Hundreds of boys have been rescued from what has been described as a Nigerian “torture house” that posed as an Islamic reform school. Activists say the revelation is an indication more children could be suffering abuses at similar schools nationwide.
Last week, police in the Kaduna state raided a supposed Islamic reform school and rehabilitation center after receiving a tip about suspicious activity. What the authorities found were children as young as 5, chained to metal railings with their feet shackled together.
According to the BBC, as many as 500 men and boys were freed from the facility as a result of the police raid. Many of the victims held captive at the facility showed signs of abuse, torture and starvation.
"The condition under which we found the victims was so dehumanizing, many of them were chained," police spokesman Yakubu Sabo told The Associated Press.
Kaduna Police Chief Ali Janga described the facility as a "house of torture" and a place of human slavery. He told news outlets that eight suspects — most of whom were teachers — have been arrested.
“This place is neither a rehab or Islamic school,” Janga told the press. “You can see it for yourself.”
The children are now being sheltered at a stadium in Kaduna and are slated to be moved to another camp in the Kaduna suburb.
“The state government is currently providing food to the children who are between the ages of 5 and above,” Janga said, according to Reuters.
The victims have recounted their experiences of beatings, torture and sexual abuse inside the center. Many of the children were enrolled in the center by relatives.
One boy appeared to have scars consistent with having been struck with a whip.
"I have spent three months here with chains on my legs," victim Bell Hamza reportedly told Nigerian press, according to the BBC. "This is supposed to be an Islamic center, but trying to run away from here attracts severe punishment; they tie people and hang them to the ceiling for that."
Bell’s statement was seconded by fellow victim Abdalla Hamza.
"If they caught you if you want to run away from this place, they would hang you, they would chain you," Hamza told AFP.
Hassan Yusuf told Reuters that he was sent to the school due to his family’s concerns about his way of life after years of studying abroad. Specifically, Yusuf said, he had become a Christian and “left the Islamic way of life.”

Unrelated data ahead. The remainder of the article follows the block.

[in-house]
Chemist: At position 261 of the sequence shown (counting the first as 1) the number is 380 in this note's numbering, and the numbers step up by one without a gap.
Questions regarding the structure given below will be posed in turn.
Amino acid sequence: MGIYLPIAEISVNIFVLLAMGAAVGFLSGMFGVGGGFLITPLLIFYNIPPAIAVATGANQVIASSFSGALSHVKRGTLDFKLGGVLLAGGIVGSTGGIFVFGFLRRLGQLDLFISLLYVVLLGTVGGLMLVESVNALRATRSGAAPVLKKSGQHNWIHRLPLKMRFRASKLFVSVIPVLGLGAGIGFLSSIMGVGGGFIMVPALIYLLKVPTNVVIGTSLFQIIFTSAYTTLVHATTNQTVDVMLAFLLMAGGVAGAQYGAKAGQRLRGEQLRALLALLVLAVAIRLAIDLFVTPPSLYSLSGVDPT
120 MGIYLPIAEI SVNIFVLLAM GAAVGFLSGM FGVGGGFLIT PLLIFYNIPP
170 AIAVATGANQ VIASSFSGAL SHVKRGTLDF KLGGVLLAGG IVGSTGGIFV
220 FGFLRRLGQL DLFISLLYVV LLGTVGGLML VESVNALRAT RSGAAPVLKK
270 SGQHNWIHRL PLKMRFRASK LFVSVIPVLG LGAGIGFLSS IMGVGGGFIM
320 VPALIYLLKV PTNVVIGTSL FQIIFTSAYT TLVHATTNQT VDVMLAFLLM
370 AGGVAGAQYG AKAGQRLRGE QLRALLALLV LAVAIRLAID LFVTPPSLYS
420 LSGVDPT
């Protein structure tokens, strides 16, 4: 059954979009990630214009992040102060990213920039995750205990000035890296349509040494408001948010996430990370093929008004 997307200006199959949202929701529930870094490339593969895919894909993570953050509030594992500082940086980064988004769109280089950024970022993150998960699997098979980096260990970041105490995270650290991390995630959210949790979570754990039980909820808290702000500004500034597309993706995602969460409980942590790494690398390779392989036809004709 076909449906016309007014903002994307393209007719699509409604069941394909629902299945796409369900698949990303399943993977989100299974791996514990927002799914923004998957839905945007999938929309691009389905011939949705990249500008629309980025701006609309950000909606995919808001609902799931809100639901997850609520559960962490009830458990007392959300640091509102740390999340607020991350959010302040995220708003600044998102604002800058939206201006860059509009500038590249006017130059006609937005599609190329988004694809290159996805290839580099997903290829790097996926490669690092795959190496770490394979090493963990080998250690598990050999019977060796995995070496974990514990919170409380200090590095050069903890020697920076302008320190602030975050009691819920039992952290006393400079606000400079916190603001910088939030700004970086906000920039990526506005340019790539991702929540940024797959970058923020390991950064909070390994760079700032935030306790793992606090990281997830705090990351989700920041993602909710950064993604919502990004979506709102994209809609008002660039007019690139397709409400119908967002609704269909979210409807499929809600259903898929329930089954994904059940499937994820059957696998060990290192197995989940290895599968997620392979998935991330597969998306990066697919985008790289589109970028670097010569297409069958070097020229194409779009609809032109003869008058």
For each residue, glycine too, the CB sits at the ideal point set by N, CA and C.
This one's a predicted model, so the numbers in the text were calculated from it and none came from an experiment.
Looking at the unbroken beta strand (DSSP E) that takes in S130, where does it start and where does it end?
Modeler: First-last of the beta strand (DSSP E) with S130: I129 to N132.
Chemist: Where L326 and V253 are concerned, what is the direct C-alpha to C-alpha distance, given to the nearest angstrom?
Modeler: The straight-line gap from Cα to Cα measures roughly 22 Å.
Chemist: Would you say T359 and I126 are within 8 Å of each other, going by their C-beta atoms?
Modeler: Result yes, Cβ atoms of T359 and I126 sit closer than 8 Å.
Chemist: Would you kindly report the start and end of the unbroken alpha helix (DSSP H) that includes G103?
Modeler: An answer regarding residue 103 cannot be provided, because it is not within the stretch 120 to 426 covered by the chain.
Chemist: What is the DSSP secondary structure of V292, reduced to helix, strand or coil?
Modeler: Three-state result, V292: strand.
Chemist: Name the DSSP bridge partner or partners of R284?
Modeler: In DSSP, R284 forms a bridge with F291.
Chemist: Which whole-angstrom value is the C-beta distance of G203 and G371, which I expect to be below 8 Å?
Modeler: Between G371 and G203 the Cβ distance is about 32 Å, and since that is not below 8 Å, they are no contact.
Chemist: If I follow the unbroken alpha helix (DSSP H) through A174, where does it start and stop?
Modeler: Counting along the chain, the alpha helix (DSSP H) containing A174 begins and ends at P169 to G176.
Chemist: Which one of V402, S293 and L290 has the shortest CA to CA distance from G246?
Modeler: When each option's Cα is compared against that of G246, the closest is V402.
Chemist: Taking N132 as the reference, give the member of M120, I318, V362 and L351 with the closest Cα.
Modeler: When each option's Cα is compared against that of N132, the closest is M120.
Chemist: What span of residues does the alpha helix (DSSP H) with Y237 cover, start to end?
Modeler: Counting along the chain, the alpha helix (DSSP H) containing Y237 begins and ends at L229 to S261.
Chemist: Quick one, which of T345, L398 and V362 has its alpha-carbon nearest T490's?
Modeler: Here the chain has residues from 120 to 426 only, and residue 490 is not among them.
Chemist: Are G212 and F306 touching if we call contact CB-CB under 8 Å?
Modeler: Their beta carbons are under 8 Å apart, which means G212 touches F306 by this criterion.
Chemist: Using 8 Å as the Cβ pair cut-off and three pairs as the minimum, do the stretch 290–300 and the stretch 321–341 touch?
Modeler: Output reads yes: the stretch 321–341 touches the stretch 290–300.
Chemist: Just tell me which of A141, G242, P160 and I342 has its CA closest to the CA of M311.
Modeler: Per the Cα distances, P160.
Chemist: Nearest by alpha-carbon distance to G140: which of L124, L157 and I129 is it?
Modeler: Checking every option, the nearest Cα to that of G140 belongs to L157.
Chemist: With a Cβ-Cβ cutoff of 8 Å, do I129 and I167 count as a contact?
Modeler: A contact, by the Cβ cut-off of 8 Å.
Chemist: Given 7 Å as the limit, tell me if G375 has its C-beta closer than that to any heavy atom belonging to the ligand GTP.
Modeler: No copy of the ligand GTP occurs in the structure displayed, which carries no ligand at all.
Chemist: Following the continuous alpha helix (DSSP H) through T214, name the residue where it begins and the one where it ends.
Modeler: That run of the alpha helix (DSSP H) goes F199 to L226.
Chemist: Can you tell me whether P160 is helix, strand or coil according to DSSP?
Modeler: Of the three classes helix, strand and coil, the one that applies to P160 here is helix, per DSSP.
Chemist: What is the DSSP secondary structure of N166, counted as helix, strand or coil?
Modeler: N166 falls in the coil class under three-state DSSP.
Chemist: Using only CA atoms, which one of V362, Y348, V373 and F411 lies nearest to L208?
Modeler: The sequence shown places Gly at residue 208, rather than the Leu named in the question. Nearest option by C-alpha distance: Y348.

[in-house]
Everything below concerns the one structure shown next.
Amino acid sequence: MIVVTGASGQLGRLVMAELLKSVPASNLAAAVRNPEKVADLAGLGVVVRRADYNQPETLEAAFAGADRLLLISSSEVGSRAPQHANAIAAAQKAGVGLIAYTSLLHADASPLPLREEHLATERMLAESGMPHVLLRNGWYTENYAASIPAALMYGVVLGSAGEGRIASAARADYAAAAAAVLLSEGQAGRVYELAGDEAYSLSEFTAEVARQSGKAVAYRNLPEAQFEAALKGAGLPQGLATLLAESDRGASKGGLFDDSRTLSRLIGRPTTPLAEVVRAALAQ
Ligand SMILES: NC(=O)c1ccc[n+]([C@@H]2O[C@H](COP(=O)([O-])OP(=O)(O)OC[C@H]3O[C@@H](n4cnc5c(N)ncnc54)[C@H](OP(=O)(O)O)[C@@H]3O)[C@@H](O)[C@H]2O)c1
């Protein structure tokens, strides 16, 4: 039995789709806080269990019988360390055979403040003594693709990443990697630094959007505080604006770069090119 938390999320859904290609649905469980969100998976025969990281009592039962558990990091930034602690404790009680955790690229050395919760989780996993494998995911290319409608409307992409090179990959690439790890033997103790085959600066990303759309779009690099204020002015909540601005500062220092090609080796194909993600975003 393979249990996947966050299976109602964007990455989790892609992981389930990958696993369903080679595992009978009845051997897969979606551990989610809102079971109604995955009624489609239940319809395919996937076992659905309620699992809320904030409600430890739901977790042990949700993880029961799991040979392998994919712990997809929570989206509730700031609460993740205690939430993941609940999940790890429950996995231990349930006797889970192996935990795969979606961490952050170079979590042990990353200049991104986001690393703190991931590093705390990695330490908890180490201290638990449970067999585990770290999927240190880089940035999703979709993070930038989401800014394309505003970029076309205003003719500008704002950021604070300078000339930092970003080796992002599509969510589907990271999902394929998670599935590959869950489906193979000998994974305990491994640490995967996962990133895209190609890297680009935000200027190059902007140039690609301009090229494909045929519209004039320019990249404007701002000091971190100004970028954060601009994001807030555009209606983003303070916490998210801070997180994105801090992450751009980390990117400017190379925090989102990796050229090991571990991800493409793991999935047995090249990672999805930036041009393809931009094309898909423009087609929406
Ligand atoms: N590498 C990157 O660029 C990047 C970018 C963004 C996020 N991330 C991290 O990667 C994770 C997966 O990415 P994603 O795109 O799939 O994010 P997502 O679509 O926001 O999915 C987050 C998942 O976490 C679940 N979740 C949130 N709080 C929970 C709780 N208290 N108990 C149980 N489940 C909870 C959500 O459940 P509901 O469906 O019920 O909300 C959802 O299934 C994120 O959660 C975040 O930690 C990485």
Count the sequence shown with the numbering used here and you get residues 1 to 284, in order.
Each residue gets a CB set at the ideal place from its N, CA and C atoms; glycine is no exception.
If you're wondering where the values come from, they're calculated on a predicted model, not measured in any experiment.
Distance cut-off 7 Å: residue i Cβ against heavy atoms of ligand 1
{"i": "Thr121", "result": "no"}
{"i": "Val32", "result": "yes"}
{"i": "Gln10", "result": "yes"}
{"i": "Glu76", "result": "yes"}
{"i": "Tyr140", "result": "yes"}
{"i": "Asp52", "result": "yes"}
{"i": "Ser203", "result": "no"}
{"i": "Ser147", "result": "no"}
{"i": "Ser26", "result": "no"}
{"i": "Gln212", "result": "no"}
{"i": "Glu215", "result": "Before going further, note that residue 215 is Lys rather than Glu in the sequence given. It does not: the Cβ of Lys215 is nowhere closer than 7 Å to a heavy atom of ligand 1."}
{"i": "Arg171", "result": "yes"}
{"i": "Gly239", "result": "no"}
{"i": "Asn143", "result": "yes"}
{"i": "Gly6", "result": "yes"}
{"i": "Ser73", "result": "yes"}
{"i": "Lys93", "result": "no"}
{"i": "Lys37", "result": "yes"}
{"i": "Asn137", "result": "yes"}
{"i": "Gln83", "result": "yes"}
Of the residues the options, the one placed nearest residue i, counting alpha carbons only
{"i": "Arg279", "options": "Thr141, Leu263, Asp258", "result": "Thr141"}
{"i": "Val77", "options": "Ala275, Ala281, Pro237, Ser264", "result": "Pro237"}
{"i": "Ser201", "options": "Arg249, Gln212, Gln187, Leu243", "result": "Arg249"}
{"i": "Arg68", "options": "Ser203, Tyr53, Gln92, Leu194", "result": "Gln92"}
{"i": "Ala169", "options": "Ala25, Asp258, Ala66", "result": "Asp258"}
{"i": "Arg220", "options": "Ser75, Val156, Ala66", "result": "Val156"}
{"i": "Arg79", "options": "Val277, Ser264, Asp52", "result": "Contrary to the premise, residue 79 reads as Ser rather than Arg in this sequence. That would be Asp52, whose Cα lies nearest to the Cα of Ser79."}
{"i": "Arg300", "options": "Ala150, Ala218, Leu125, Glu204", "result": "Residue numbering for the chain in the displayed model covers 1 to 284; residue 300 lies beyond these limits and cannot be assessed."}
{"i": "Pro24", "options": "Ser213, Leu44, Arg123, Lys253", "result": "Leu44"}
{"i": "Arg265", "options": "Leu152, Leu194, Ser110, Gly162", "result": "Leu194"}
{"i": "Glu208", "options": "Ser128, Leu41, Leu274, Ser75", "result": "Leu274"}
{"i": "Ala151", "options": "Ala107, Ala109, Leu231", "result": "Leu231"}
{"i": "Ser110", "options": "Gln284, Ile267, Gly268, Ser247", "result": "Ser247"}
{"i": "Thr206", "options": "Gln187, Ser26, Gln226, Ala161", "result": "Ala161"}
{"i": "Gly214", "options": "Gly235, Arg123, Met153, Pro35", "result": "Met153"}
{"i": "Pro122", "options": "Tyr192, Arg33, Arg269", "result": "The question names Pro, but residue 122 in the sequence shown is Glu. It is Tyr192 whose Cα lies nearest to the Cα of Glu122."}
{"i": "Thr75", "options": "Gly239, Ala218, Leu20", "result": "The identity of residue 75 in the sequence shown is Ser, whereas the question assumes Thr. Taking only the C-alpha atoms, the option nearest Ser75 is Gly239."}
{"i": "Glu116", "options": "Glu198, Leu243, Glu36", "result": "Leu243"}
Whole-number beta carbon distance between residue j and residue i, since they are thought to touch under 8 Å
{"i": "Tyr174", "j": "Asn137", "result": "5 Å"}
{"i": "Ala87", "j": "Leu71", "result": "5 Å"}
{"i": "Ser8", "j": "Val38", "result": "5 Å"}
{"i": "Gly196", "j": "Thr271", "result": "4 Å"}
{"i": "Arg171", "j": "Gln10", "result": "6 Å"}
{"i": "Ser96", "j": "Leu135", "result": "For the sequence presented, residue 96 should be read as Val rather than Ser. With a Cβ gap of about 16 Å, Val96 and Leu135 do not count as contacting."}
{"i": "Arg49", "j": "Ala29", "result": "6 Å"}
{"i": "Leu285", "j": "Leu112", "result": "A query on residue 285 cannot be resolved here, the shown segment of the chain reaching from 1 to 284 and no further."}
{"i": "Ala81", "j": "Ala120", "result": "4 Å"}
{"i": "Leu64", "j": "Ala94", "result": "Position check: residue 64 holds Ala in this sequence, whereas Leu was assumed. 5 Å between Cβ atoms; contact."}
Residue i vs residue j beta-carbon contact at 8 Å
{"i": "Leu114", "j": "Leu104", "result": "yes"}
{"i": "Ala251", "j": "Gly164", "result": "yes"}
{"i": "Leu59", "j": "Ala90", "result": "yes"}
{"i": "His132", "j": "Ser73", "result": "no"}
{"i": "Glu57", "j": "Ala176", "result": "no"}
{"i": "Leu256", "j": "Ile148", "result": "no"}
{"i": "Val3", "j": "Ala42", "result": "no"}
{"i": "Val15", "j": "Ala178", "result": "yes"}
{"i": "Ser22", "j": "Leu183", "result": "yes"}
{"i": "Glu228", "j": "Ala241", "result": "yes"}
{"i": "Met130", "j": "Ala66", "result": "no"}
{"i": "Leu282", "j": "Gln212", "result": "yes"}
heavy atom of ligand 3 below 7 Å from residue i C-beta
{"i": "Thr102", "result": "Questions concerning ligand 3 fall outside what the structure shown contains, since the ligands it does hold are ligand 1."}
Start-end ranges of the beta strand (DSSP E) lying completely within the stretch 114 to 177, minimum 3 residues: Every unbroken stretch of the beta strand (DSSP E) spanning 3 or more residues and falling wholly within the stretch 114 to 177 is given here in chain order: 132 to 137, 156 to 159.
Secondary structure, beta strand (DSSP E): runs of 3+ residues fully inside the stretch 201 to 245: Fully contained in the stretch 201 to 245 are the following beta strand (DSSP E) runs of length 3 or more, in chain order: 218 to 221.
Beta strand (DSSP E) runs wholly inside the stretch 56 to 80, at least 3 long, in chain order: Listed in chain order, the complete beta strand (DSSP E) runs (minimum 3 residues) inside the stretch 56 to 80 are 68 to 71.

Hassan Mohammed, an uncle of three children sent to the center by their mother after their father died, told Reuters that he became suspicious after he was denied access to the children.
“I begged, they said no, we can’t see these children until three months,” Mohammed recalled. “When we went back home ... we said the only thing now is we should report this issue to the police station, that is exactly what we did.”
To some human rights activists, the revelation at the Islamic reform center in Kaduna is an indication of the type of abuse facing many students sent to private Islamic reform centers across Nigeria and the African continent that are not regulated by governments.
Such institutions are referred to as Almajiri schools, which are common across predominantly Muslim northern Nigeria.
According to AFP, authorities estimate that there are more than 9 million students enrolled in such institutions.
"The latest example from Kaduna represented the worst of the system and very inhumane conditions," Mohammed Sabo Keana, team lead from the Abuja-based NGO Almajiri Child Rights Initiative, told AFP.
"But they are a clear manifestation of what a lot of children go through — including being made to beg on the streets, subjected to violence, sleeping in the worst conditions imaginable and living with terrible sanitation levels."
Rights activists have pushed for the government to end the Almajiri system, contending that children are not receiving a formal education.
According to the Almajiri Child Rights Initiative, children at Almajiri schools have been known to “live in some of the shabbiest conditions imaginable, with many facing nutritional challenges aggravated by daily street begging and next to no jobs or opportunities for Almajiri adults in an increasingly challenging and competitive world.”
In 2018, the initiative launched Almajiri Child Rights Day (May 25) to draw global attention to the plight of Almajiri children.
Earlier this year, the Nigerian federal government indicated that it planned to eventually ban Almajiri schools. However, a ban does not appear to be imminent.
“Any necessary ban on Almajiri would follow due process and consultation with relevant authorities,” Garba Shehu, spokesperson for President Muhammadu Buhari, said in a June statement.
“The federal government wants a situation where every child of primary school age is in school rather than begging on the streets during school hours.”